Belief is an elaborate mosaic where the tiles are words; paradoxes, satire and the vernacular adorn the pages of this beautifully crafted book. Belief is divided into seven sections, each section opens a door to two worlds: one the writer’s imagination and psyche and the other opens to the external world.
There is an exuberance here; a delight in the word, in the construction of the self, the abnegation of the self, and in the sheer pain and joy of living, losing, and loving, that comes through each of the poems.
These are poems that pivot on a moment: a chance meeting, a sudden change in situation, or a close observation that takes something commonplace such as an afternoon on the back verandah watching fireworks, driving a vehicle, or reading the news and moves in so close it becomes abstract: a synecdoche for something else. In a way that’s Proustian, the imagery gives rise to a memory, or a perception which is emotive and powerful, revealing something subtle about the world.
Beatific Toast is a poetry collection that is as rich with silence and music as it is with semantical meaning. Though the book is only fifty nine pages long – chapbook size – there is a lot of ground covered, with poetry open enough to encourage and reward multiple re-readings. These are poems are charged by sound, by light, by colour and scent, inviting the reader to join in, to participate, not just by reading the work but by moving with it.
The poems take us to the brink of who we are in many aspects: animal, alien, destroyers, inhabitants, lovers, indivudals and collectives. These are poems that make no concessions to humanity’s frailties. We’re about to reap what we’ve sown and all of these exquisite conceits may be illusions against time’s inevitable collapse: “but all these vapours will be unmade” (“The Woodland Chapel”), and yet there is something audaciously beautiful, subversive and permanent in the moment of our experience, in the placement and play of language and in the almost languid sensuality of touch.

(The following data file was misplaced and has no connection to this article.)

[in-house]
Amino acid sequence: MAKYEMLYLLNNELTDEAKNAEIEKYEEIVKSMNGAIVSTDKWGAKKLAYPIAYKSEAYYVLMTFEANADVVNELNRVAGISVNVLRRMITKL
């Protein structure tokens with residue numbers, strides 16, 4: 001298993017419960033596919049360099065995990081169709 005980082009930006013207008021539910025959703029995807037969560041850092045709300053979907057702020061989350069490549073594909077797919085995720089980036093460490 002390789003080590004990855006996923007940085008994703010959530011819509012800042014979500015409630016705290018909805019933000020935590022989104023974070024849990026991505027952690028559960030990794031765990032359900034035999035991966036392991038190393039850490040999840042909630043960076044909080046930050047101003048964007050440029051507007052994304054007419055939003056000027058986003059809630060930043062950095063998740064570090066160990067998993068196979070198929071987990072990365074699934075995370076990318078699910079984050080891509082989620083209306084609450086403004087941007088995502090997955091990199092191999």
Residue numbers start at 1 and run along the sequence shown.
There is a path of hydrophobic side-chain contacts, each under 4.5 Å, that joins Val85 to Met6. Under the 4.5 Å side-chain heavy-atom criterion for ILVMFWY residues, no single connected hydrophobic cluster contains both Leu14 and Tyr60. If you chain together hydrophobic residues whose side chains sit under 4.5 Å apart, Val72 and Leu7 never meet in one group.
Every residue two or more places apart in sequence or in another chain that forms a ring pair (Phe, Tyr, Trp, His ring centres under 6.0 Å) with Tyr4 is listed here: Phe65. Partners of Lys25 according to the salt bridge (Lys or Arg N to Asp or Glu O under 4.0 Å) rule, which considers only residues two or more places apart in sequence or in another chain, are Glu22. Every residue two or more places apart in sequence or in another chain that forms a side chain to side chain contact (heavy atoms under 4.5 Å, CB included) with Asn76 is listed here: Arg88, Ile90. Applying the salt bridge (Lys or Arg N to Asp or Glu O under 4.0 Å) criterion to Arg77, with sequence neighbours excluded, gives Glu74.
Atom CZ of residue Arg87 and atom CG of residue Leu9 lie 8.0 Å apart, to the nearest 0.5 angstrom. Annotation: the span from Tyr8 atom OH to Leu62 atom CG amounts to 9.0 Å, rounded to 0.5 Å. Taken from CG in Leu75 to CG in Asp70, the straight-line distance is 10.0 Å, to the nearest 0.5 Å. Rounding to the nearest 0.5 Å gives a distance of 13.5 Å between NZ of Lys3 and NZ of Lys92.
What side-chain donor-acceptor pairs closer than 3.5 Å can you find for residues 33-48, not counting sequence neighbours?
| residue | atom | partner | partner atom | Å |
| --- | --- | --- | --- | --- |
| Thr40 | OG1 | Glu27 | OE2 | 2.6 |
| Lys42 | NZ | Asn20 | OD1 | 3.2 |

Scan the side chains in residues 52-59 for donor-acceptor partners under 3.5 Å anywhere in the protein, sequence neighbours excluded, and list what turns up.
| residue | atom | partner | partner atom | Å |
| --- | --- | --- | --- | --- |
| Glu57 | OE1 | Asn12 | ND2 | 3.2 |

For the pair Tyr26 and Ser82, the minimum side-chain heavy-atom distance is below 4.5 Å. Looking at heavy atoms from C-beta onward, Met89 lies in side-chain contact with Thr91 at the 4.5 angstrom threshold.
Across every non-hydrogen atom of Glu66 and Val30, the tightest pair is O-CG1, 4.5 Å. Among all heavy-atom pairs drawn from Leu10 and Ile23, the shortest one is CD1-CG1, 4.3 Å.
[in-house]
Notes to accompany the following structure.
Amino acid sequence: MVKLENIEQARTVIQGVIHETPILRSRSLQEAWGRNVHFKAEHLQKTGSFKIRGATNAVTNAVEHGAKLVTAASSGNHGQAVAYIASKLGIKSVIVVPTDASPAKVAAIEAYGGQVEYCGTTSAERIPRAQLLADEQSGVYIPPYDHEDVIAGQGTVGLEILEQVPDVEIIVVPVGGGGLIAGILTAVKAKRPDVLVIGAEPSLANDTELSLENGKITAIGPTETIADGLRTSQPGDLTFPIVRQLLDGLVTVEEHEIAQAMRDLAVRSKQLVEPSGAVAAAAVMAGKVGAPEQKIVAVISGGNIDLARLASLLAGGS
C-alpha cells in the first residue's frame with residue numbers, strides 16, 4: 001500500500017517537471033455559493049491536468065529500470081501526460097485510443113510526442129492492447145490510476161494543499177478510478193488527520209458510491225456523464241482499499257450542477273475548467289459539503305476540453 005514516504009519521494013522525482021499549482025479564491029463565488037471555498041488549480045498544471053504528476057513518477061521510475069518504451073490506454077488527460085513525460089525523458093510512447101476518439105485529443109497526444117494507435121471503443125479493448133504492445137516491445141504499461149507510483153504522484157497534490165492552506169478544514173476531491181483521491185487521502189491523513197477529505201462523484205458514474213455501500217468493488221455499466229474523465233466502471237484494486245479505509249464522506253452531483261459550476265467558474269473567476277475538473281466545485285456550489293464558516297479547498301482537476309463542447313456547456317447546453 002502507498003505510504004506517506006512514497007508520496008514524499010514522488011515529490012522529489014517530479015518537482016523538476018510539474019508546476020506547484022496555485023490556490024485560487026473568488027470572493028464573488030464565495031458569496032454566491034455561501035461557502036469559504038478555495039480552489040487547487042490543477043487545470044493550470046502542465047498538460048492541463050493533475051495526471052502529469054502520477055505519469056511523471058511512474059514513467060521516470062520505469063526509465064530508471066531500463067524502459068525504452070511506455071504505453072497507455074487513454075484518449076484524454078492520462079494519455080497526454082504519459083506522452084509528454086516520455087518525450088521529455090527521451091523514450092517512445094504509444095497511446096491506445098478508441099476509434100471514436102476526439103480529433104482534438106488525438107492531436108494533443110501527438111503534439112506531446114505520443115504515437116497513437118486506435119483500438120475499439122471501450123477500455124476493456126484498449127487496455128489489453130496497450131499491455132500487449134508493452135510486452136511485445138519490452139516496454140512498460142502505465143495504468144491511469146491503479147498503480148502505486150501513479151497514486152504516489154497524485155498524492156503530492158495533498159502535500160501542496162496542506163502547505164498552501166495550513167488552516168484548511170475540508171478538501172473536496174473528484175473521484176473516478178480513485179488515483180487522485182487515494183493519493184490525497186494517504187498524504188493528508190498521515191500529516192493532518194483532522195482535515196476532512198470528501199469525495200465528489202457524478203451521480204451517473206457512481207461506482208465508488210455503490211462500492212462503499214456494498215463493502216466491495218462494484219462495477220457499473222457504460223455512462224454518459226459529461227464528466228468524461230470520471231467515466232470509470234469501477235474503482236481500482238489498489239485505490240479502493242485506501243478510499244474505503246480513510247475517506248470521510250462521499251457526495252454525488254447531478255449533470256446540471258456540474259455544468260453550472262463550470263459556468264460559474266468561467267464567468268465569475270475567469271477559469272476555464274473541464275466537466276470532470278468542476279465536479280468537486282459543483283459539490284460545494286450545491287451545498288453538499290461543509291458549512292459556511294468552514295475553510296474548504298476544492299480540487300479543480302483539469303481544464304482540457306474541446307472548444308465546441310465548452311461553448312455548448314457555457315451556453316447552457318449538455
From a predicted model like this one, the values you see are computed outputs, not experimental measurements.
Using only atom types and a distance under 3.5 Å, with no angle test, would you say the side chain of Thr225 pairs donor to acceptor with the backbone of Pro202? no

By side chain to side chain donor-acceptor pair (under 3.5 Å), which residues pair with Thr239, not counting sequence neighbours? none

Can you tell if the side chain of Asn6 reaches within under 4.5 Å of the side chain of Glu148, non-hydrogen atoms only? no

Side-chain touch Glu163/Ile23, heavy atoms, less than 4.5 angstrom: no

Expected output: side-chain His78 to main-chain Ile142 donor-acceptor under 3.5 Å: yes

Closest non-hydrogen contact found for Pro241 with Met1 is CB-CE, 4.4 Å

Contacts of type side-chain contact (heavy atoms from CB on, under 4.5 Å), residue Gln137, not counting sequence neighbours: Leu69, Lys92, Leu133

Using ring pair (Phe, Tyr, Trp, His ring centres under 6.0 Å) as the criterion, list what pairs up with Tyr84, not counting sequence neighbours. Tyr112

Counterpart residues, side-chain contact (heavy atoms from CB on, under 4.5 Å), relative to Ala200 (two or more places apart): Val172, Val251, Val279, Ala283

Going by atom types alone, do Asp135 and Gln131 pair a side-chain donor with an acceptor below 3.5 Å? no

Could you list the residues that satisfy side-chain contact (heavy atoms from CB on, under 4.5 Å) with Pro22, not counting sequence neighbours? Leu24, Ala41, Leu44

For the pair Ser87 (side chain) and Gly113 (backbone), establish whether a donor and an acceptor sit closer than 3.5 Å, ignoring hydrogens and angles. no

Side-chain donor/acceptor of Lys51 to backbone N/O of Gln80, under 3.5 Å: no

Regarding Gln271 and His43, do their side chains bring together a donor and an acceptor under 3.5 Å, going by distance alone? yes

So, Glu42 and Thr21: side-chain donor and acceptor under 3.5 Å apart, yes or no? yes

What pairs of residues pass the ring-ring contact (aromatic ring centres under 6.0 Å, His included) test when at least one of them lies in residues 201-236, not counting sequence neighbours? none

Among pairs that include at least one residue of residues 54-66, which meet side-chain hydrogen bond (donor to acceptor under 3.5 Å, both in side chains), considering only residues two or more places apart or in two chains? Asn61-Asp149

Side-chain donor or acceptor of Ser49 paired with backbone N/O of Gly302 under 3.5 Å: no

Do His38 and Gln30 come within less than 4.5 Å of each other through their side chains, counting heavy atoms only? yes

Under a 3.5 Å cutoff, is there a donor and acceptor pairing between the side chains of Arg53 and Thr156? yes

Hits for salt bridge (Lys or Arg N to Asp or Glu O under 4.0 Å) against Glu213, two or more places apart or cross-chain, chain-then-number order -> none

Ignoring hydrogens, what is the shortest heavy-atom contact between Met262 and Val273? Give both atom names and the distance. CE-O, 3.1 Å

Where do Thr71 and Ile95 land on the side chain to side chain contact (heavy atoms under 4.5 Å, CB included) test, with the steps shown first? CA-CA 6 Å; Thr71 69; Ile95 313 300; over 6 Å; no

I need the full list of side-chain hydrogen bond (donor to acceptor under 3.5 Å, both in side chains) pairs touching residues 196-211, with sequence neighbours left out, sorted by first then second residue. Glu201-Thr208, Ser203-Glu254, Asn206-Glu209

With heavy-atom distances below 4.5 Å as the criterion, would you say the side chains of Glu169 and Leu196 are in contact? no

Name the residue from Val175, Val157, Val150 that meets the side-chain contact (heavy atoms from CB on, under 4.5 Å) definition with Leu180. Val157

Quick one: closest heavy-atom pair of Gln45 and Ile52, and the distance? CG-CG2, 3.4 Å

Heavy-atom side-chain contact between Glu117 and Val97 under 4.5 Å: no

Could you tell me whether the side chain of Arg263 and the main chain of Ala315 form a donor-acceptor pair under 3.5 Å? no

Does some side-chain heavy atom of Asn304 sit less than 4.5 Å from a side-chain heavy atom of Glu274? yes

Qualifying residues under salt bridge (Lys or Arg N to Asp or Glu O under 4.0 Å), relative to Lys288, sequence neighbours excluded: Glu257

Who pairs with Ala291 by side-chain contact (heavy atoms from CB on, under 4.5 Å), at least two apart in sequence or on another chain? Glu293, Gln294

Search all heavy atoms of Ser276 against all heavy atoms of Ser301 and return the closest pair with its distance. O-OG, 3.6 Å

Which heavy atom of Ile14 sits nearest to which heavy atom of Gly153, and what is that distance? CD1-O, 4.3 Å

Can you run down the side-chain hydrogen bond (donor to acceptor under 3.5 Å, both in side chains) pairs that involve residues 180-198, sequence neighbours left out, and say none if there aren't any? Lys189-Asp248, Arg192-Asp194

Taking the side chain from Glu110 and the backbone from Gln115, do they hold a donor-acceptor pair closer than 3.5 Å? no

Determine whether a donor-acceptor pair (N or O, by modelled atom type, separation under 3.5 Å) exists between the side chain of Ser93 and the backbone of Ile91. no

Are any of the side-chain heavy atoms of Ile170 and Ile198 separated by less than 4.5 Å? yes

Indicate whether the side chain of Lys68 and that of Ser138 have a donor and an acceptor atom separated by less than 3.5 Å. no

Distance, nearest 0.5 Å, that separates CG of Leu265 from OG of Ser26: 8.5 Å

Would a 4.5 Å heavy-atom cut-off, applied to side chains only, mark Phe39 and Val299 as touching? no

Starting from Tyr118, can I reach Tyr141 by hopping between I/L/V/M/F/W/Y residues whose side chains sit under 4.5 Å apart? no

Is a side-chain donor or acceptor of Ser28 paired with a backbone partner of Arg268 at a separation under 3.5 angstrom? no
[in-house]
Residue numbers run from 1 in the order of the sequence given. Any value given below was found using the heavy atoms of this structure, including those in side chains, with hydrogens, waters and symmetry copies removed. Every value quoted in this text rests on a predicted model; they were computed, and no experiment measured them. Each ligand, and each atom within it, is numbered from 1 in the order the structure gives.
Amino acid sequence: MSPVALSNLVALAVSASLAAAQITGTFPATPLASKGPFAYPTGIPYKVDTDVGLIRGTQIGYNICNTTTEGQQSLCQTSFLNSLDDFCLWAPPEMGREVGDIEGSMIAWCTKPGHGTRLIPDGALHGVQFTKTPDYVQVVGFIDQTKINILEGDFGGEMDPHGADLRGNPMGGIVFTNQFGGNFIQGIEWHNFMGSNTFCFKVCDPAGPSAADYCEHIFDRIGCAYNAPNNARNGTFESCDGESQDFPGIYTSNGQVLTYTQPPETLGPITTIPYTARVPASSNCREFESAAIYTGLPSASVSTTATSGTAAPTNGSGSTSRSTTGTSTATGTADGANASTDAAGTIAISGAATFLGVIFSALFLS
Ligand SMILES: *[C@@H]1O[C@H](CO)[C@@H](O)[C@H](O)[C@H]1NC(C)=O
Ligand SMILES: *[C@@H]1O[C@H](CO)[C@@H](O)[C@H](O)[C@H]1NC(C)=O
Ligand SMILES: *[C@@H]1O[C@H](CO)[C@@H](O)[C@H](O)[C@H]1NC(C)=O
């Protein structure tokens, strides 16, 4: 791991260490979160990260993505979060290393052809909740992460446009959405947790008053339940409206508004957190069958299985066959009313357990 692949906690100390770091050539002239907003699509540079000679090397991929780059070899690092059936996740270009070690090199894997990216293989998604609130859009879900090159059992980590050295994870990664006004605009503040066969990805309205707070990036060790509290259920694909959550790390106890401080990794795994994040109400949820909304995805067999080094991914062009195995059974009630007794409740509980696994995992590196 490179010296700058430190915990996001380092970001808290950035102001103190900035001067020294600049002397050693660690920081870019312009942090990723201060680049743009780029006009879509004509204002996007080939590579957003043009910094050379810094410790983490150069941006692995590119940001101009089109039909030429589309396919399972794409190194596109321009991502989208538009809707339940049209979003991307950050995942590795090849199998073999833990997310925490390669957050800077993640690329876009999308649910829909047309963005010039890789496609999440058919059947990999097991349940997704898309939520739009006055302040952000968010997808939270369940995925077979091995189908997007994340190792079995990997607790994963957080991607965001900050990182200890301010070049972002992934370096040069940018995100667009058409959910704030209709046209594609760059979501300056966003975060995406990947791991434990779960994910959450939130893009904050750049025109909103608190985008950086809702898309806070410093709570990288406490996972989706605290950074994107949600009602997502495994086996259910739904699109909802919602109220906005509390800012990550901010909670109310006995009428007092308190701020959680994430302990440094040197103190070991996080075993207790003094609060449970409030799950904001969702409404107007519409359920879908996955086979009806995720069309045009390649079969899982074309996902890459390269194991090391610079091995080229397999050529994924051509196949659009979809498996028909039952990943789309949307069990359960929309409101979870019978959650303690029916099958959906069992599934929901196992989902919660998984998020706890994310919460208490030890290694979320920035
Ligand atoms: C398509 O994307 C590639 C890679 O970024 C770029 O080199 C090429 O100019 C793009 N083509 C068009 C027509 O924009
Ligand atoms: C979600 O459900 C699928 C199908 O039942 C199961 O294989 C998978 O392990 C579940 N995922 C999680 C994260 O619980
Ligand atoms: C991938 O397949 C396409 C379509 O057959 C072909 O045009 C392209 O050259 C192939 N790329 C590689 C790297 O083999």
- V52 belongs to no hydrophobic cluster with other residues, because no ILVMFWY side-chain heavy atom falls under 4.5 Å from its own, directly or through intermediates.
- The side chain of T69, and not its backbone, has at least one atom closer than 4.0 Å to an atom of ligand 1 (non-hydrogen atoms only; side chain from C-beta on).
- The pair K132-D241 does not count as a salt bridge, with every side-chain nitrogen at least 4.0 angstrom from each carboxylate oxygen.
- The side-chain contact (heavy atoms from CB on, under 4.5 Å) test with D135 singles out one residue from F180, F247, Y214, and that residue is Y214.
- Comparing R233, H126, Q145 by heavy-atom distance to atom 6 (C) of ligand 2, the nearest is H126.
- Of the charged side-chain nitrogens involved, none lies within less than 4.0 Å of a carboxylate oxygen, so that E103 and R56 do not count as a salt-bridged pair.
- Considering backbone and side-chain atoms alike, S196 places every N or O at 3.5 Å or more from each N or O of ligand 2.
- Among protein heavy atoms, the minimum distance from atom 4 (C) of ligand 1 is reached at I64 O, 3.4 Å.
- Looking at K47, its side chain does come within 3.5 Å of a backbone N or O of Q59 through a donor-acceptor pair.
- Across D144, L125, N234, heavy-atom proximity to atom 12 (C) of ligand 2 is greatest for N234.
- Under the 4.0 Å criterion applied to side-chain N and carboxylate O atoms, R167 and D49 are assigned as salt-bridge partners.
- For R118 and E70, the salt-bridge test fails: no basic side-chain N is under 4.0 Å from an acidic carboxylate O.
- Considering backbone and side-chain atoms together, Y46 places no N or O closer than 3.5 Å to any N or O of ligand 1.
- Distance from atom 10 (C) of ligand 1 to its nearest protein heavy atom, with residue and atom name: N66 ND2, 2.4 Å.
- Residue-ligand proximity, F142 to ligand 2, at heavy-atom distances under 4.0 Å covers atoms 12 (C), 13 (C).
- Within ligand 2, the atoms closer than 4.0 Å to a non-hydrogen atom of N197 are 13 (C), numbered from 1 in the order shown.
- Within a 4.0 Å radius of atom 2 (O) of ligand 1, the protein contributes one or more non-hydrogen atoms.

Though the poems in Green Point Bearings are grounded in the natural world and are rooted in place, particularly Lake Macquarie, the Hunter and Northern Sydney, there is also something a bit magical in these poems. There is a mystery in this natural world that is inexplicable, arising from the spaces in which the poems are contained, in the rock, the trees, the flowers and shrubs that are everywhere and still precious, always in motion and changing: “Everything here speaks of infinity”.
The observations are visceral, coming from within a strong sense of the body. Thinness and its relationship to illness is a continual theme, though very different to the analytical approach of Small Acts of Disappearance. In Domestic Interior the perceptions are simultaneously more delicate and more intense, drawing the reader directly into the deepest heart of pain. The body and its relationship to food informs nearly every perception.
Though the poems stand alone and many have been published in literary journals that way, it’s the dialogue itself where the most important meaning happens. Both poets take on similar subjects of dispossession, occupation, the landscape and ecology, exploitation and historical revisionism. Both poets ultimately situate the work as a search for an identity born out of pain, guilt and suffering, and both respond through the others work to create connection and reconciliation.
The work resists an easy correspondence. You can’t “translate” it to a simple message or meaning. Instead the poems move between landscapes that feel like they should be familiar, with the unsettling quality of dreams or memory – slightly distorted and nightmarish, but also enticing.
Anyone who thinks of poetry as a hermetic art form has not read Jennifer Maiden. A keen and articulate observer of current affairs and trends, Maiden’s work explores a political and sociological landscape through the lens of poetic vision. This analysis takes many forms, often in multi-genred pieces that transcend essay, fiction, biography and poetry. In spite of the mixed literary forms, there is a consistency in characters, themes, and in approaches across Maiden’s oeuvre that makes for an accumulative effect.